Aritst: Agent Sidegrinder
CD title: Hardware SFTWR (Included)
Label: Artoffact Records
Released: June 4th, 2013
Sweden’s unfathomable electro visionaries Agent Sidegrinder bring you this rerelease of 2012’s Hardwarewith a load of remixes from their back catalogue thrown into the deal (SFTWR). The first seven tracks are originals, the last fifteen remixes.
“Look Within” has a solid gothic vibe, underpinning a spacey yet simultaneously grounded bright synthetic story, somewhere mid 80’s coldwave yet expansive, building to an inevitable crescendo.
“Sleeping Fury” is more of a graveyard doom-stomp. It is simple and minimalist yet somehow enticing, the bass and drums building against and playing off the calm-yet-fired-up, resonant vocals. Again, it is otherworldly, nebulous yet somehow very present, ending with weirdly discordant Hammond organ strains and squeaking samples - and perfectly named, “The Dichotomy “between the underlying rage and the surface smoothness of the vocals is patent.
“Rip Me” is pure Depeche Mode, bittersweet vibes and heartfelt, soft-yet-spiteful vocals, also reminiscent of the Smiths or Sousixe and the Banshees if not in sound then mood.
“Wolf Hour” continues to pay homage to these 80’s stalwarts, yet brings in creepier, more evil industrialist sentiments, but carried off with the group’s trademark light touch.
“Mag 7” continues this retro, analogue sensation, wavering between coldwave and nu-romantic, but slowly, and with such subtlety it goes almost unnoticed by the conscious mind, evolves into a surreal yet soothing journey through time and space
Agent Sidegrinder, despite seemingly nailing their colours with this album to a retro, 80s-synthetic vibe, are and act which will not stay still, their sound evolves, experiments and grows yet again through “Pyre”, which somehow has a smooth, almost jazz-like feel to it. The sparse double-bass is straight out of a mellow club scene in a David Lynch film, and is accompanied by a sultry, honey-slow rhythm and its insistent yet smooth vocals. Somehow these seemingly alien elements integrate perfectly into the established sound of the album and the result is as soothingly hypnotic as it is puzzling!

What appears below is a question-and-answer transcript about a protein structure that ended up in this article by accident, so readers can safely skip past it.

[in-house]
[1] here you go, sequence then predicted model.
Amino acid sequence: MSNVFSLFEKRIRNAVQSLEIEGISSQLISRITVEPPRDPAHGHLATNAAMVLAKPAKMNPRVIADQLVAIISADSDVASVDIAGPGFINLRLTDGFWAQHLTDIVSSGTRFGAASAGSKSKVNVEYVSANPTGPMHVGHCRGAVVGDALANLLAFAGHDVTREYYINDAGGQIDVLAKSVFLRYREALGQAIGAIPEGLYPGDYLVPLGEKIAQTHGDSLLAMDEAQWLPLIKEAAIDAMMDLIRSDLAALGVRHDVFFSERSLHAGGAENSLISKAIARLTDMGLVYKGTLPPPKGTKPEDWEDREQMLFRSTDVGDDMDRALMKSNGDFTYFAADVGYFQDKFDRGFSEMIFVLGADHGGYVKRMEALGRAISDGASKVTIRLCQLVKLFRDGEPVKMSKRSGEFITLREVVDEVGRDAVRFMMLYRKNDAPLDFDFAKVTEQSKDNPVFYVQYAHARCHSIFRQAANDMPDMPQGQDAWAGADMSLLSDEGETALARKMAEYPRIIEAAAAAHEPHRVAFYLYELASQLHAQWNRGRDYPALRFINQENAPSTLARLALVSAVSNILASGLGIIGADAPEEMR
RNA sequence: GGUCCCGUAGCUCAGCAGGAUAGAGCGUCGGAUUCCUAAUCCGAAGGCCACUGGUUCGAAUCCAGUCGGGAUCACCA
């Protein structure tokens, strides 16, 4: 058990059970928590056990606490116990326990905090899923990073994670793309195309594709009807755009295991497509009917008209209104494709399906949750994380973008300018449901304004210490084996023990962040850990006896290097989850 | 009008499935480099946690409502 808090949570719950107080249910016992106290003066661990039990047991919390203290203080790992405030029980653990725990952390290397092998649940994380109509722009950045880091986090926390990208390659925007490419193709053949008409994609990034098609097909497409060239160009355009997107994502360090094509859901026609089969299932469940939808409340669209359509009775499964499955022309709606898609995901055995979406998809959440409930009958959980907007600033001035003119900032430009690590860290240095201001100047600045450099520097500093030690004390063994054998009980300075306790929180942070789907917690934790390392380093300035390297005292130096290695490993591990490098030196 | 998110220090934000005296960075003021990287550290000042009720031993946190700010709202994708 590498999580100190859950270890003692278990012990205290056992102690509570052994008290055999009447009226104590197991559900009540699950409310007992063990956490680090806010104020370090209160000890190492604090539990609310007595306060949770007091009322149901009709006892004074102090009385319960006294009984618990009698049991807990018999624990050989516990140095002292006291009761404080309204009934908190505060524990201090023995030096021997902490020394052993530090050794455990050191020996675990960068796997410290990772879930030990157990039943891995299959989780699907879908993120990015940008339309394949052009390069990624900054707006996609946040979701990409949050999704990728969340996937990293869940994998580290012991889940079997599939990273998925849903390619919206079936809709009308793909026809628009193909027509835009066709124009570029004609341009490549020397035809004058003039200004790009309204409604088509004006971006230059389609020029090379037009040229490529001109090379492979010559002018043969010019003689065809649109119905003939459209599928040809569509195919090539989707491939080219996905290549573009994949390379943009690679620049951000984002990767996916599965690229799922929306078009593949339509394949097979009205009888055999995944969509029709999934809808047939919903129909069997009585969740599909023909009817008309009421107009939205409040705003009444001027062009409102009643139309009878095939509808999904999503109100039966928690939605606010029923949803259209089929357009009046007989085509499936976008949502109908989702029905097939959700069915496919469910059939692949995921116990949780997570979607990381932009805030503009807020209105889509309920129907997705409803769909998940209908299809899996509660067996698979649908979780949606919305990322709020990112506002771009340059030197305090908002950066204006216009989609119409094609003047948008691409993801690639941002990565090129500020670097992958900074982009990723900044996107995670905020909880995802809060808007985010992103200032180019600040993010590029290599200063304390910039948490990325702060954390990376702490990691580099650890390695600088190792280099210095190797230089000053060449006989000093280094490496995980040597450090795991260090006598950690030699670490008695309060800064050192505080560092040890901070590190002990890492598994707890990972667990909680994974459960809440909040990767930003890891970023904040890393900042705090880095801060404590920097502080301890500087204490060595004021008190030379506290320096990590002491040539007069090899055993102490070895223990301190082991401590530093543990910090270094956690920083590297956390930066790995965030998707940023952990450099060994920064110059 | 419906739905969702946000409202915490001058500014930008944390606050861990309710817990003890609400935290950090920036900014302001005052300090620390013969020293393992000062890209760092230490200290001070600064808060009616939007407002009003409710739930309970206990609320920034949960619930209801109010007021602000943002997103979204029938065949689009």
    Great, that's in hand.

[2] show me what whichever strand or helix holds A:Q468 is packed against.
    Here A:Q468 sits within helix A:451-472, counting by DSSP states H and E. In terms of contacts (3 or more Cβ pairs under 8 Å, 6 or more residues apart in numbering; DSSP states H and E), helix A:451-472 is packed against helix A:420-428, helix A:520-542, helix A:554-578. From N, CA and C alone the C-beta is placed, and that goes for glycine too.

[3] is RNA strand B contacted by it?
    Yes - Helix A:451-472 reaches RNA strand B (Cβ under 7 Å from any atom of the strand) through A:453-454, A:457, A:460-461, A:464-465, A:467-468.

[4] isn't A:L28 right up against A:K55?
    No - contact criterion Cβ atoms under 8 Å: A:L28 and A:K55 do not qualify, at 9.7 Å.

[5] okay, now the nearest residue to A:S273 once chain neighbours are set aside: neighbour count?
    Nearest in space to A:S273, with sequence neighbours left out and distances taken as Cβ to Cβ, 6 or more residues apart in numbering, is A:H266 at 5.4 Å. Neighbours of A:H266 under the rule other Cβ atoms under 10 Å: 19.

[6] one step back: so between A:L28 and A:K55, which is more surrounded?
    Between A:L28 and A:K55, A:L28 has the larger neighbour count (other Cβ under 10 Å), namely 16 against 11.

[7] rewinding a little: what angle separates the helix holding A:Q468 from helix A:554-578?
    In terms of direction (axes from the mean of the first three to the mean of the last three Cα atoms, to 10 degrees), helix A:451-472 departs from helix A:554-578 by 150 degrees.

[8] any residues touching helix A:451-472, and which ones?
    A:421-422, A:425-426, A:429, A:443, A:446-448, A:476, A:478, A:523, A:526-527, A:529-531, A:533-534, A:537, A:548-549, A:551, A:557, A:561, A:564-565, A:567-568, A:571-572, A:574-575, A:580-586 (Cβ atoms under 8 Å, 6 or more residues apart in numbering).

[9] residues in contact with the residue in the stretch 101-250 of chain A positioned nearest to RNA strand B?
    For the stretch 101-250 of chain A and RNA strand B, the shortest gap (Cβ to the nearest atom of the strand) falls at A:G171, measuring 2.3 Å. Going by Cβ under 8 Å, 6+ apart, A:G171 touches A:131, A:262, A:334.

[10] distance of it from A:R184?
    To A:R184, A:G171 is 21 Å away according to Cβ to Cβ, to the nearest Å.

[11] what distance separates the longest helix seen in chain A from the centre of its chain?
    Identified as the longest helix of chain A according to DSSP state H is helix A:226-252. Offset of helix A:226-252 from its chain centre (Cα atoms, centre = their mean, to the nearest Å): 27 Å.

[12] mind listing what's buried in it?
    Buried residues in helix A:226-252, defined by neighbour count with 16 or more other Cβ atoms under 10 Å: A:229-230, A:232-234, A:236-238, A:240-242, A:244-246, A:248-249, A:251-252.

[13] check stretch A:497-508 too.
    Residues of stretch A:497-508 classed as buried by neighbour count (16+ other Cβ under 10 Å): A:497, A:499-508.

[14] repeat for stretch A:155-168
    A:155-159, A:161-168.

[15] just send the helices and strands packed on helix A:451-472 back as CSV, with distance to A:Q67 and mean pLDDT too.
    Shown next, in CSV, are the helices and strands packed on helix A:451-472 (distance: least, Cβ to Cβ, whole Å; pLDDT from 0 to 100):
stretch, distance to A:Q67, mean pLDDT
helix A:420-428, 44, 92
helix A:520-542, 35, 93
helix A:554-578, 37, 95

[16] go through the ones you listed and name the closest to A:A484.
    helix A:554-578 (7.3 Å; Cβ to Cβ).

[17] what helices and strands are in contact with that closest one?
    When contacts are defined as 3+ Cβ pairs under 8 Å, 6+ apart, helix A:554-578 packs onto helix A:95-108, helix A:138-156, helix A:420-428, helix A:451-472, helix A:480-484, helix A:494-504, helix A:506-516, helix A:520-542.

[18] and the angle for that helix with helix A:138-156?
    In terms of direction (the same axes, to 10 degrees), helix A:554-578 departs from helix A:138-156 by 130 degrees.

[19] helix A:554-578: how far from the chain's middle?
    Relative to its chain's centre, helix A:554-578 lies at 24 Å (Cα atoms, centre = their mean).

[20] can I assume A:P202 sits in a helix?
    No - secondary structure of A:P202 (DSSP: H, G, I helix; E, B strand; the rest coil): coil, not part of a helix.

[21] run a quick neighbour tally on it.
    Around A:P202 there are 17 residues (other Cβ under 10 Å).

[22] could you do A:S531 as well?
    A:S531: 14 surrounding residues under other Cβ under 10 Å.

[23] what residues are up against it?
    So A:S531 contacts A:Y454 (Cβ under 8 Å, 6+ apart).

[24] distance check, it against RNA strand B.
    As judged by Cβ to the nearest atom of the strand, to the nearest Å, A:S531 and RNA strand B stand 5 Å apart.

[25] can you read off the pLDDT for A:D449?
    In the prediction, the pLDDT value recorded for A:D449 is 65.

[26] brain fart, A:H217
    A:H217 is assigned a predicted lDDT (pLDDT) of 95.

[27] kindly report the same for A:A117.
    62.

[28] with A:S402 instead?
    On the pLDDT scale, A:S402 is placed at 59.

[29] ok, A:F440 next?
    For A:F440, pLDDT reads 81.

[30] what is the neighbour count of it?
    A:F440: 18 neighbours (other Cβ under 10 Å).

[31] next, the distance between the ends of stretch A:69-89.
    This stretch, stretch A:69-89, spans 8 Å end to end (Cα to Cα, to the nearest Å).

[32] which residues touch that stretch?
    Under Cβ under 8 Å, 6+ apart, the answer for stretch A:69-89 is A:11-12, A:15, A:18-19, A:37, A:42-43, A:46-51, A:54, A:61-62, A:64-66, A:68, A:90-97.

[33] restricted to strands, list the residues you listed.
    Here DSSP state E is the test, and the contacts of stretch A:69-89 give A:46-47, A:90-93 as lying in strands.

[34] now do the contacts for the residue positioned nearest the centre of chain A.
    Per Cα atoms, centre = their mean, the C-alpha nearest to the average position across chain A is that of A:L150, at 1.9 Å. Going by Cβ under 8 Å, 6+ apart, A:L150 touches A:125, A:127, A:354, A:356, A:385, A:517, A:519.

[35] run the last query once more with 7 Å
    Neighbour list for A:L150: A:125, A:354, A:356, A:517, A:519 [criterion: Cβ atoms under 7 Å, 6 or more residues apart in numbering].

In a lesser act, this constant shifting of influence and style may not have worked so well, but this group are managing to be master, not jack, of all trades. EBM and stuttered samples provide yet another transfixing element in “Bring it Back”, regular drumbeats and dependable bass crank up the energy, but with more of that reliable, subconscious chi which characterises this intuitive sound, which somehow owns, experiments and mutates a chronology running from Kraftwerk, through Joy division, and off into the future via Frontline Assembly’s less furious moments.
Red Idiot’s remix of “Wolf Hour” has moments where the vocals sound almost like an English speaking Til Lindeman (Rammstein) alternating with Skinny Puppy like hisses, and by the end of /MF/MB’s reimagining of “Bring it Back” you will emerge, blinking into the sunlight, wondering how far down the rabbit hole you fell. There is, (and I hesitate to use the word!) a certain intuitive synergy working within these remixes. It all plays exactly as any good reinterpretation should; it keeps the spirit of the original while elaborating on its themes.